Beijing summons online financial platforms and warns over unfair market practices

Ant Group Overhauling Operations To Satisfy Chinese Regulators

China’s top financial regulators have summoned 13 of the country’s technology companies that run online financial businesses, including Tencent Holdings and Tik Tok-owner ByteDance, and told them to step up anti-monopoly measures and to halt “the disorderly expansion of capital”.

The People’s Bank of China (PBOC), the China Banking and Insurance Regulatory Commission, the China Securities Regulatory Commission, and the State Administration of Foreign Exchange talked as one with the tech-run online financial platforms on Thursday, according to an announcement issued by the central bank late that evening.

The companies asked to attend were internet giant Tencent, Baidu’s fintech arm Du Xiaoman Financial,’s JD Finance, ByteDance, Meituan Finance, Didi Finance, Lufax Holdings, Xiaomi’s fintech arm Airstar, 360 Digitech, Sina Finance, Suning Financial Services, Gome Fintech and’s fintech arm.

“Serious issues, including unlicensed fintech businesses, companies running financial businesses beyond the permitted business operations … and infringements of the lawful rights and interests of consumers are practices widely seen among online financial platforms,” said the regulators at the meeting, which was organised by the PBOC’s deputy governor Pan Gongsheng.

The online platform companies being summoned this time all run large-scale and comprehensive businesses, are influential in the sector and have seen common problems come to light. These problems must be corrected in a serious manner,” according to the announcement.

The regulators have asked the companies to carry out self-inspections and meet the central government’s requirements, and highlighted that financial businesses should serve the real economy as well as lowering financial risks.

The move is just the latest development in a broad push by Beijing for greater control over the nation’s sprawling fintech industry after regulators abruptly shelved Ant Group’s US$34.5 billion dual listings in Shanghai and Hong Kong last November on concerns over the growing role of fintech businesses in the nation’s economy and amid a regulatory overhaul.

Beijing is targeting the country’s key internet platforms at a time when the Chinese government is trying to use antitrust laws and other regulatory approaches to contain what it calls the “disorderly expansion” of capital, the Chinese economy and broader society.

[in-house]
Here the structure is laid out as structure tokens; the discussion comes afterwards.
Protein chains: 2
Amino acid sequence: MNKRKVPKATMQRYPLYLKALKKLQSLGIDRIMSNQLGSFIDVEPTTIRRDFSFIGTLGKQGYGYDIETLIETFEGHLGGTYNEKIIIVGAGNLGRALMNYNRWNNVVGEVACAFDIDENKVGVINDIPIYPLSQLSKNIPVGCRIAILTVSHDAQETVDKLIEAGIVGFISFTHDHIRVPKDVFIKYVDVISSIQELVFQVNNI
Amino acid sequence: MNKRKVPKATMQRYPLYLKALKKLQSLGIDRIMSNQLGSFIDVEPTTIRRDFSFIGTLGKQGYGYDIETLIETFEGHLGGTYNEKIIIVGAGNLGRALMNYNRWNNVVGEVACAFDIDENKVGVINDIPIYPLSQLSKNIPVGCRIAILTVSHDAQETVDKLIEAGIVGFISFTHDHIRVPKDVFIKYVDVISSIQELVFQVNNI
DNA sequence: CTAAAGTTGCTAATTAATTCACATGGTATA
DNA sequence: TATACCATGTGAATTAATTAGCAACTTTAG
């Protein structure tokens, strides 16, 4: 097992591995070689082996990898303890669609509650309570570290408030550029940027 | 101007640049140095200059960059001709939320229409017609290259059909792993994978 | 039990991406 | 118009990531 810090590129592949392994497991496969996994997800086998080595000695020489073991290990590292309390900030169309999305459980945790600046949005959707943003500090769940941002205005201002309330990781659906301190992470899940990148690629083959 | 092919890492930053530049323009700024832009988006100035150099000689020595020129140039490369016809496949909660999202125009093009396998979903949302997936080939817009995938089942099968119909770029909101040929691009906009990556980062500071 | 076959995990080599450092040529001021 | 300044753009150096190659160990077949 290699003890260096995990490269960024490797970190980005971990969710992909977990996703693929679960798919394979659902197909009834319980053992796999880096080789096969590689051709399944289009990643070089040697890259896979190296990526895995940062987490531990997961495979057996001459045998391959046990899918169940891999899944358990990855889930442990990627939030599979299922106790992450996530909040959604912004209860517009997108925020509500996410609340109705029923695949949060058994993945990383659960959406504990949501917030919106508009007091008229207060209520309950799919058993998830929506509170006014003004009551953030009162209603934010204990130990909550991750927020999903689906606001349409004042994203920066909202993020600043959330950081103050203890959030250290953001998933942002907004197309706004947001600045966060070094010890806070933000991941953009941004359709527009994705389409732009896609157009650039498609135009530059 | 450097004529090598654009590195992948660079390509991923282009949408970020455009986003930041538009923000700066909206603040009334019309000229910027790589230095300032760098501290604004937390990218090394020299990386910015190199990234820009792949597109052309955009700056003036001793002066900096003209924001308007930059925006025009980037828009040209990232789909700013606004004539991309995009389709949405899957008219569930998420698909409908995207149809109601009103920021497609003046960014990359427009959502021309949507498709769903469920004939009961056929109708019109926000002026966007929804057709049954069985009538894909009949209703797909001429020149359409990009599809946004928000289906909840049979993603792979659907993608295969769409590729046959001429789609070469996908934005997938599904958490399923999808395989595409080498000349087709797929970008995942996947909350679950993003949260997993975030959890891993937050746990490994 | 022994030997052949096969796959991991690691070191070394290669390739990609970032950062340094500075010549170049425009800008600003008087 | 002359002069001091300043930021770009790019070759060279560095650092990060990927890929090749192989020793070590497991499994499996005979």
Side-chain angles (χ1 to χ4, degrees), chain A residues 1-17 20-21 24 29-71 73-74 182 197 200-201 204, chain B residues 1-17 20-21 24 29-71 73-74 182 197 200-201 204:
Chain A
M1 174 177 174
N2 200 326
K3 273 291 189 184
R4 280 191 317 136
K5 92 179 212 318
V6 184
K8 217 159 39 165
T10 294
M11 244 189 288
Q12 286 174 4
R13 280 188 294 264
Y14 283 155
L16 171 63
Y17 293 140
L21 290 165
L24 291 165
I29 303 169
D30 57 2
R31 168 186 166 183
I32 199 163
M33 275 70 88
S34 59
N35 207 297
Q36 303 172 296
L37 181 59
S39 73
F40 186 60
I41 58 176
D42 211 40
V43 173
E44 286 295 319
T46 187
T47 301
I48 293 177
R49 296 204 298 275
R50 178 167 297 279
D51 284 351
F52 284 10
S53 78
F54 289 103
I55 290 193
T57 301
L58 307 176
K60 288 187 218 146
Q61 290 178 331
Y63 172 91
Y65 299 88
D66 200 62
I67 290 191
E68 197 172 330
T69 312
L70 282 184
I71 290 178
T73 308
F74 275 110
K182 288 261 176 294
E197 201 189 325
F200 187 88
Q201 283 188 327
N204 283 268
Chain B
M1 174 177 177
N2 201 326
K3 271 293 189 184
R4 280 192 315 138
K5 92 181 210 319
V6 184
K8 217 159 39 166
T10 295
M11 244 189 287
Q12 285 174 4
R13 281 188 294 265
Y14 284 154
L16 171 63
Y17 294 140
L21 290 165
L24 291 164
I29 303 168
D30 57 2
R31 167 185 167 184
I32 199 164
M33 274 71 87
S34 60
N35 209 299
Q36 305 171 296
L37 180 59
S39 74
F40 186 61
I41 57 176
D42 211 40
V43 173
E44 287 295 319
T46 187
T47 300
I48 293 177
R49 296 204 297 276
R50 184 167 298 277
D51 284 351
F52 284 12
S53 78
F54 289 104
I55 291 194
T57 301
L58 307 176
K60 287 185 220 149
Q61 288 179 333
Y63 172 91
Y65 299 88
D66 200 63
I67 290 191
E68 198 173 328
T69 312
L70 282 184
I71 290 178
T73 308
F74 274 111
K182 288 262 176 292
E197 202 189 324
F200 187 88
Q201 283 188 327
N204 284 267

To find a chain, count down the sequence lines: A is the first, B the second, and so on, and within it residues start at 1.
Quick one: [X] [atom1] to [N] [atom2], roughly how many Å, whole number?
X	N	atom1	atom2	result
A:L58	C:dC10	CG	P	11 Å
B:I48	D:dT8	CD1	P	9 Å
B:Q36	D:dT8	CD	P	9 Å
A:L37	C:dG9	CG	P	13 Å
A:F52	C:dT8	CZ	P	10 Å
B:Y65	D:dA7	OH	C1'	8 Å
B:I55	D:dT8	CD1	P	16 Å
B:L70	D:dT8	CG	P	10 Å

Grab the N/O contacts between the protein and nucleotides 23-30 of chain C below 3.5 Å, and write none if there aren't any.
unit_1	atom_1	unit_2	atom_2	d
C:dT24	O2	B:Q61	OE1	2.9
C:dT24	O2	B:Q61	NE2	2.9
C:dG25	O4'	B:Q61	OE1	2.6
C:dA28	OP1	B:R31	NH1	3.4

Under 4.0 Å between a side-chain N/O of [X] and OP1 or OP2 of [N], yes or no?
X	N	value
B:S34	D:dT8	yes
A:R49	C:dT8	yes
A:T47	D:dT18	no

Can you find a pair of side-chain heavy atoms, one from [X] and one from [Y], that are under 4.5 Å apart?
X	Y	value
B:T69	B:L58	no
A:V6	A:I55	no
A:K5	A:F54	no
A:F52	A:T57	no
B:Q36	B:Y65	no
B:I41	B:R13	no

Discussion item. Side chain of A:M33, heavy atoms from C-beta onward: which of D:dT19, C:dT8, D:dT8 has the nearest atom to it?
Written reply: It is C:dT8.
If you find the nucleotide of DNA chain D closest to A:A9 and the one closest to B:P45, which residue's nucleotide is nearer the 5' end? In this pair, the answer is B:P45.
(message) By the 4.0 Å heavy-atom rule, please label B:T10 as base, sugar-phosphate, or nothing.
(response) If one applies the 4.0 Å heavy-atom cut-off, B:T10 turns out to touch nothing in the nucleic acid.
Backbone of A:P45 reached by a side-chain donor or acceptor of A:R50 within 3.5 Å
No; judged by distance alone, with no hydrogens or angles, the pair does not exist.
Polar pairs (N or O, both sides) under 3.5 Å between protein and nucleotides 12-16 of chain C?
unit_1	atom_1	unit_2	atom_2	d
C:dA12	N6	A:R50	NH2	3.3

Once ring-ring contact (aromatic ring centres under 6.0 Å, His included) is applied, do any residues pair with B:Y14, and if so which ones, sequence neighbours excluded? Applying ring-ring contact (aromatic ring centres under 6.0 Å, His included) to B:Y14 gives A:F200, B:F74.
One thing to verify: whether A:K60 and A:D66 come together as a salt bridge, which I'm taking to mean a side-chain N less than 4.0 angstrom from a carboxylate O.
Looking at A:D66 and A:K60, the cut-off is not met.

China’s regulators have lectured the country’s big tech firms several times now on the need to clear up misconduct, such as forcing merchants to pick only one platform, abusing dominant market positions, and making hostile bids to acquire top players in specific market segments.

They have also been upbraided by Beijing for misuse of big data which has led to unfair pricing for some clients, for turning a blind eye to inferior quality products, as well as evading tax payments.

Alibaba Group Holding, the world’s largest e-commerce company and owner of this newspaper, was fined 18.2 billion yuan (US$2.8 billion) by the State Administration for Market Regulation (SAMR) in April for “abusing its dominant market position in China’s online retail platform service market since 2015 by forcing online merchants to open stores or take part in promotions on its platforms”, putting it in breach of the country’s anti-monopoly law.

Beijing is keen to fend off systemic risks and wants to make sure that new financial players do not upset the balance of the existing, centrally-planned economy.

This marks a departure from an earlier phase where China had allowed start-ups to flourish and experiment as they helped spread financial services into rural regions. But this period was also marked by some scandals, such as fraudulent peer-to-peer lending services.

Regulators published draft rules last November saying that online microloan companies must put up at least 30 percent of any loan agreed on their platform, rather than leaning on the balance sheets of traditional lenders, such as big banks.

Regulators also stopped commercial banks from distributing online deposit products via fintech platforms last December.


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